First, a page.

“I wanted to get going and get this 10-footer to save par, but I think having maybe just a couple minutes to calm me down, and then I actually got a different read when I sat down and looked at it again,” he said. “Good putt. Happy to finish that way.”

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Lyle birdies last hole in likely his final Open start

By Ryan LavnerJuly 20, 2018, 4:32 pm

CARNOUSTIE, Scotland – If this was Sandy Lyle’s final Open appearance, he went out in style.

Playing on the final year of his automatic age exemption, the 60-year-old Scot buried a 30-foot birdie on the last hole. He missed the cut after shooting 9-over 151 over two rounds.

“I was very light-footed,” he said. “I was on cloud nine walking down the 18th. To make birdie was extra special.”


Full-field scores from the 147th Open Championship

Full coverage of the 147th Open Championship


Lyle, who also won the 1988 Masters, has missed the cut in his last eight majors, dating to 2014. He hasn’t been competitive in The Open since 1998, when he tied for 19th.

To continue playing in The Open, Lyle needed to finish in the top 10 here at Carnoustie. He’d earn a future exemption by winning the Senior British Open.

“More punishment,” he said.

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DJ, Thomas miss cut at Open; No. 1 up for grabs

By Ryan LavnerJuly 20, 2018, 3:35 pm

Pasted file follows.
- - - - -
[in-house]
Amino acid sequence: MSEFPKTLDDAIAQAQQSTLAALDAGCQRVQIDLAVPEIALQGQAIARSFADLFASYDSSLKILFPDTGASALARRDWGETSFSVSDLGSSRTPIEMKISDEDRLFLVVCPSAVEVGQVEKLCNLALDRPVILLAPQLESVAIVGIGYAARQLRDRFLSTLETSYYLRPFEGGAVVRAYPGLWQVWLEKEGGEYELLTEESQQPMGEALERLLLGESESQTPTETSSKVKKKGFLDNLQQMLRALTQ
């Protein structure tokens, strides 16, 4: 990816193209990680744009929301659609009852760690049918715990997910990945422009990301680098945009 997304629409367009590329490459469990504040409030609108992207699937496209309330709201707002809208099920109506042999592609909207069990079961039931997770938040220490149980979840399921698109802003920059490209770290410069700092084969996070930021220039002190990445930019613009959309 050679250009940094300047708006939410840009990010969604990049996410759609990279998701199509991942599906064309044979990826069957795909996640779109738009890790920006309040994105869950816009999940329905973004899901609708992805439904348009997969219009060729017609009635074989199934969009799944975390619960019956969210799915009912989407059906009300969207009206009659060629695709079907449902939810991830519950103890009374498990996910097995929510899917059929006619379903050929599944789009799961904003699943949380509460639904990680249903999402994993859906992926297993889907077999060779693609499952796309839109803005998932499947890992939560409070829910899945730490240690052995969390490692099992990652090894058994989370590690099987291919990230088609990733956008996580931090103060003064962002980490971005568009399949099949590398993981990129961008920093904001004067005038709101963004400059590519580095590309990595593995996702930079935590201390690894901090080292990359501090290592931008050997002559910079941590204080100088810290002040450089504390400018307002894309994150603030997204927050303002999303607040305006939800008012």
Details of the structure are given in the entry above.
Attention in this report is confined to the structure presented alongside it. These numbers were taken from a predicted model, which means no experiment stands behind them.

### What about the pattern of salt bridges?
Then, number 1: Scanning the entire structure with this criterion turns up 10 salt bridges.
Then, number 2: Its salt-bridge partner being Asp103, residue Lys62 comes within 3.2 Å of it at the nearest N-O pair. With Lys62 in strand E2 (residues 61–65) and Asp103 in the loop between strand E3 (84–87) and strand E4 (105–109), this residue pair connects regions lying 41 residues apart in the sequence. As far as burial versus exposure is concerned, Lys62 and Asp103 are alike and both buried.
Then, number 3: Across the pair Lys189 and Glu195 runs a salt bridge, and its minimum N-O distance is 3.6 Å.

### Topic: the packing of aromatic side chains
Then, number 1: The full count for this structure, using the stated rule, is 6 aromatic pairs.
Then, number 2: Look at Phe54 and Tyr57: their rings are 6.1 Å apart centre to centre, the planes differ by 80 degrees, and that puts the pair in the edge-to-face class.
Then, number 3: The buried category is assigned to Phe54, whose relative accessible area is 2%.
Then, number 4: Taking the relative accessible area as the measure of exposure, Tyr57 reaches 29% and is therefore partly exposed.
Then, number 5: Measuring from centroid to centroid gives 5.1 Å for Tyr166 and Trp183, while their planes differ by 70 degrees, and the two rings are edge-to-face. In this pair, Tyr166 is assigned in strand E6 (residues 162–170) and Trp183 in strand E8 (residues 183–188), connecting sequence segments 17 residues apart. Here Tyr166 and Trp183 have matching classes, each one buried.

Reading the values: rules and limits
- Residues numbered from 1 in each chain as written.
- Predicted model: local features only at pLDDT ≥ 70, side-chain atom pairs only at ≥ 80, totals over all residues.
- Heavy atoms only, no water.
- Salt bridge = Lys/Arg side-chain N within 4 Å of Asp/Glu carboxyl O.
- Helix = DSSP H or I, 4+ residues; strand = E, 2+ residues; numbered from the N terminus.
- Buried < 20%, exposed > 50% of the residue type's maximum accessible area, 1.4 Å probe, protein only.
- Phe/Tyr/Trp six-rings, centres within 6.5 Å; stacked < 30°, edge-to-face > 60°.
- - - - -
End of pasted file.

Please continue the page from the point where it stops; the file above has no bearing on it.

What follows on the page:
CARNOUSTIE, Scotland – The top two players in the world both missed the cut at The Open, creating the possibility of a shakeup at the top of the rankings by the end of the weekend.

Dustin Johnson became the first world No. 1 since Luke Donald in 2011 to miss the cut at the year’s third major.

Johnson played solidly for all but the closing stretch. Over two rounds, he was 6 over par on the last three holes. He finished at 6-over 148.


Full-field scores from the 147th Open Championship

Full coverage of the 147th Open Championship


Thomas added to what’s been a surprisingly poor Open record. Just like last year, when he struggled in the second round in the rain at Royal Birkdale, Thomas slumped to a 77 on Friday at Carnoustie, a round that included three consecutive double bogeys on Nos. 6-8. He finished at 4-over 146.

It’s Thomas' first missed cut since The Open last year. Indeed, in three Open appearances, he has two missed cuts and a tie for 53rd.  

With Johnson and Thomas out of the mix, the No. 1 spot in the rankings is up for grabs this weekend.

Justin Rose, Brooks Koepka and Jon Rahm all can reach No. 1 with a victory this week.